While working on our research for testing security practices, and also about BAS tools, I’ve noticed that a common question about adding more testing is “why not putting some real effort in doing the basics instead of yet another security test?”. After all, there is no point in looking for holes when you don’t even have a functional vulnerability management program, right?
But the problem is not about not doing the basics. It is about making sure the basics are in place! Doing the basics is ok, but making sure your basics are working is not trivial.
Think about the top 5 of the famous “20 Critical Security controls“:
- Inventory of Authorized and Unauthorized Devices
- Inventory of Authorized and Unauthorized Software
- Secure Configurations for Hardware and Software
- Continuous Vulnerability Assessment and Remediation
- Controlled Use of Administrative Privileges
How do you know your processes to maintain devices and software inventories are working? What about the hardening, vulnerability management and privileged access management processes? How confident are you that they are working properly?
If you think about the volume and frequency of changes in the technology environment of a big organization, it’s easy to see how the basic security controls can fail. Of course, good processes are built with the verification and validation steps to catch exceptions and mistakes, but they still happen. This is a base rate problem: with the complexity and high number of changes in the environment, even the best process out there will leave a few things behind. And when it is about security…the “thing left behind” may be a badly maintained CMS exposed to the Internet, a CVSS 10 vulnerability, unpatched, a credential with excessive privileges and a weak (maybe even DEFAULT!) password.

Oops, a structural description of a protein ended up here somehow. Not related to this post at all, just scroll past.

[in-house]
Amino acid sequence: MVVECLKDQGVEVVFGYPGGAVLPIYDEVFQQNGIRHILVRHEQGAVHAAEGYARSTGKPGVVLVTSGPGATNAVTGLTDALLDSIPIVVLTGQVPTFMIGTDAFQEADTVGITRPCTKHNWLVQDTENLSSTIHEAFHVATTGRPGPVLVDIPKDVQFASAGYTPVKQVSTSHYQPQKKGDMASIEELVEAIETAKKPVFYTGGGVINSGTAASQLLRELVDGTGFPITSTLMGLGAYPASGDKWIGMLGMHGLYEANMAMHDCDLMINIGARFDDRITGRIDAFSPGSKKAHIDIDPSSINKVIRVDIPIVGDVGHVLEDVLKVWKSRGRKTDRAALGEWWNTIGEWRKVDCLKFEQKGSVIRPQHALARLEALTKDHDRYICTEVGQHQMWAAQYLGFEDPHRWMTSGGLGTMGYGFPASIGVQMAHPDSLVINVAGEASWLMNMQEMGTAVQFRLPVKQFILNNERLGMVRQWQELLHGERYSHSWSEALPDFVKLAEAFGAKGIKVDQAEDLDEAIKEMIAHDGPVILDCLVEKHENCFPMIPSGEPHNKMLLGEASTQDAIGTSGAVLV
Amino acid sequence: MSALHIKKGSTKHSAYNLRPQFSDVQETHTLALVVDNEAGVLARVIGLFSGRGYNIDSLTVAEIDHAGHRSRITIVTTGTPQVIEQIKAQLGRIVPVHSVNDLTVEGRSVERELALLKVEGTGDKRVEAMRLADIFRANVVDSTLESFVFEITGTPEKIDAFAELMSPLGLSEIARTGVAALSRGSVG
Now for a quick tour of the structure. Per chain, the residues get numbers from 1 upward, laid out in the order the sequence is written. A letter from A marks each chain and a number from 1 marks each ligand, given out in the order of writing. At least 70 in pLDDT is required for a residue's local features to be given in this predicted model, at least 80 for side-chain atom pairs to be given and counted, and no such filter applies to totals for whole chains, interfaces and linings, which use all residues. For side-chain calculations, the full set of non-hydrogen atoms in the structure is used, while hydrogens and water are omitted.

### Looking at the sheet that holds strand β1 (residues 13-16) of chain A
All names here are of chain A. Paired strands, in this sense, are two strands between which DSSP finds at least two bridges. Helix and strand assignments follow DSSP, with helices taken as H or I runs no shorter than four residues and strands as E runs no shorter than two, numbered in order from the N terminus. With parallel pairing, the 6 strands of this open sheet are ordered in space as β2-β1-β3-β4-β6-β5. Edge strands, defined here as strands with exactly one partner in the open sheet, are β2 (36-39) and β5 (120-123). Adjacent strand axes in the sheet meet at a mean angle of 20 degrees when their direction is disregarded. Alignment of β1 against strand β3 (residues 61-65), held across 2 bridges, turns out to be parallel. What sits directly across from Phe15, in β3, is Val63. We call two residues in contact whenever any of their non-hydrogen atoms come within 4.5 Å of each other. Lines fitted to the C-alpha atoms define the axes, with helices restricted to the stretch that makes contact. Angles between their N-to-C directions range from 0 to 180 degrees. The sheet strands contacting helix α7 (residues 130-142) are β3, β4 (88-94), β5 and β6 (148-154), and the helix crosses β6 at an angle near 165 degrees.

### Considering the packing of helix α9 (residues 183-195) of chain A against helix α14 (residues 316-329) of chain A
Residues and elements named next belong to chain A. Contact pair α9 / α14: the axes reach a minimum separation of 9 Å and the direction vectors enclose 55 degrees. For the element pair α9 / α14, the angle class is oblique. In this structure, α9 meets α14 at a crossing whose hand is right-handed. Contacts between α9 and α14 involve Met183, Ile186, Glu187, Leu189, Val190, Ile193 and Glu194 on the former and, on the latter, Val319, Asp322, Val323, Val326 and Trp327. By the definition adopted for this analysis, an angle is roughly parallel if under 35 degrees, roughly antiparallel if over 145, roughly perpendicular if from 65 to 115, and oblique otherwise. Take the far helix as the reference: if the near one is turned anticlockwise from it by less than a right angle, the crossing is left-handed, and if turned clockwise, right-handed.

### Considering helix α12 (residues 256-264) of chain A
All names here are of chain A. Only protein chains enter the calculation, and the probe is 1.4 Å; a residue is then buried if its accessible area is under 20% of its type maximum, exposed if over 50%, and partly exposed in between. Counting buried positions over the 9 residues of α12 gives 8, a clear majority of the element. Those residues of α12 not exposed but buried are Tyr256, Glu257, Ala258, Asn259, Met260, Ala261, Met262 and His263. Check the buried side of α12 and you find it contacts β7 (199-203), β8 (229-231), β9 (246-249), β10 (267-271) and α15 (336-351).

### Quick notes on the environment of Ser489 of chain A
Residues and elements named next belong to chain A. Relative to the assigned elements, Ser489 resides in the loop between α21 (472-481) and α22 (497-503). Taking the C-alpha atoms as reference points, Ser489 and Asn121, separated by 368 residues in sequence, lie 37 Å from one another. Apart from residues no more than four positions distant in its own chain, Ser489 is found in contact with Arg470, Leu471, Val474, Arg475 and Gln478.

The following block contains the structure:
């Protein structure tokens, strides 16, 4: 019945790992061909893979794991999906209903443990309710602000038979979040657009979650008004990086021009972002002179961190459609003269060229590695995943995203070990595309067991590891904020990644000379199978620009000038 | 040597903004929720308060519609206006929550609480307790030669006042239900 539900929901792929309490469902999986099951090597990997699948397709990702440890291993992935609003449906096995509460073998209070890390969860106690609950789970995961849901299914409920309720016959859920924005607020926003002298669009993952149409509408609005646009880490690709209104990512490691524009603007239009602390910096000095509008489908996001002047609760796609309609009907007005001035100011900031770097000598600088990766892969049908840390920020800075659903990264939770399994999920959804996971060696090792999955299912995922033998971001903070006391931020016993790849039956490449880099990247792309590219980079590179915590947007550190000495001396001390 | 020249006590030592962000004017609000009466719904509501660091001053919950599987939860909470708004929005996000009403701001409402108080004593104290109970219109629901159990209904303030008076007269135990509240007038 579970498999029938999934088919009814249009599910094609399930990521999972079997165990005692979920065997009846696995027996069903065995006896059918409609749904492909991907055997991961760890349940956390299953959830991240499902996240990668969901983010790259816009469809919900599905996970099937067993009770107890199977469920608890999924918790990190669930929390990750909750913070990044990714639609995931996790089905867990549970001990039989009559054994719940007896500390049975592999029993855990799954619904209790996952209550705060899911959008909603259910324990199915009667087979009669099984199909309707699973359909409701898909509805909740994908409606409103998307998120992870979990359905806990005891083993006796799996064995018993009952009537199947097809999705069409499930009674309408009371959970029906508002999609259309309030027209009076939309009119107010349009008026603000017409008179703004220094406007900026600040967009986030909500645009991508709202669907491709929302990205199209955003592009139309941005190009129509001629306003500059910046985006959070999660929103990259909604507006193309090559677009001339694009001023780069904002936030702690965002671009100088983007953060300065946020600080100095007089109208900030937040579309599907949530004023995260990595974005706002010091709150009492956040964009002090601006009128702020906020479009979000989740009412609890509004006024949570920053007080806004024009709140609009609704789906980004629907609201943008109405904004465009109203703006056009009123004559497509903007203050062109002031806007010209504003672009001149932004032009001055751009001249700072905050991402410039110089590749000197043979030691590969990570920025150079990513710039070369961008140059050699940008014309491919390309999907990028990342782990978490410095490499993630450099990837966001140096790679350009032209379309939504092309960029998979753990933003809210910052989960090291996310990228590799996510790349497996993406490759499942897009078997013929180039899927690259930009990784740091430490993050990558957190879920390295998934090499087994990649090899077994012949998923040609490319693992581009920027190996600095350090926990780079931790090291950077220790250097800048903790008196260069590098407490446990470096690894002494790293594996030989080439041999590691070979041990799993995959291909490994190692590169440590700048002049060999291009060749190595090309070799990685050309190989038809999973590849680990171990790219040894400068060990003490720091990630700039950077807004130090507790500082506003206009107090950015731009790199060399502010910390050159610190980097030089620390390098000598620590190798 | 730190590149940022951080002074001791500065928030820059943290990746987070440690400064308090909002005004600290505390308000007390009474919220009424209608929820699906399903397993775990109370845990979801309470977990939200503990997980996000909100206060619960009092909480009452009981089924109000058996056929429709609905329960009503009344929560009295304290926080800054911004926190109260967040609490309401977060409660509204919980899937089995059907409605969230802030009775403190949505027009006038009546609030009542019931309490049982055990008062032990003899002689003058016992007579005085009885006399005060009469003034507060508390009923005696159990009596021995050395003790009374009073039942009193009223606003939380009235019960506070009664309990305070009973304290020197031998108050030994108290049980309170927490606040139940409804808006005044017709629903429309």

I’ve seen many pentests where the full compromise was performed by the exploitation of those small mistakes and misconfigurations. The security team gets a report with a list of things to address that were really exceptions of processes that are doing a good job (again, you may argue that they are not doing a good job, but this is the point where I stop saying there’s no such thing as a perfect control). So they clean those things, double check the controls and think “this definitely will never happen again!”, just to be see the next test, one year after, also succeeding by exploiting a similar, but different combination of unnoticed issues.
And that’s one of the main value drivers for BAS. Choosing to deploy a tool like that is to recognize that even the good controls and processes will eventually fail, and put something that will continuously try to find those issues left behind. By doing that in an automated manner you can ensure to cover the entire* environment consistently and very frequently, reducing the time those issues will be exposed to real attackers. Is it another layer of control? Yes, it is. But an automated layer to keep the overhead to a minimum. If your basics are indeed working well the findings should also not be overwhelming to the point of becoming a distraction.
* – You may catch the funny gap in this rationale…you may also end up failing because the BAS tool is not checking the entire environment, due to an issue with inventory management. Or the tests are not working as intended because they are being blocked by a firewall that should have an exception rule for the tool; yes, this using BAS is also a control, so it may fail too!
from Augusto Barros http://ift.tt/2F82kSk
This is a Security Bloggers Network syndicated blog post authored by Augusto Paes de Barros. Read the original post at: Security Balance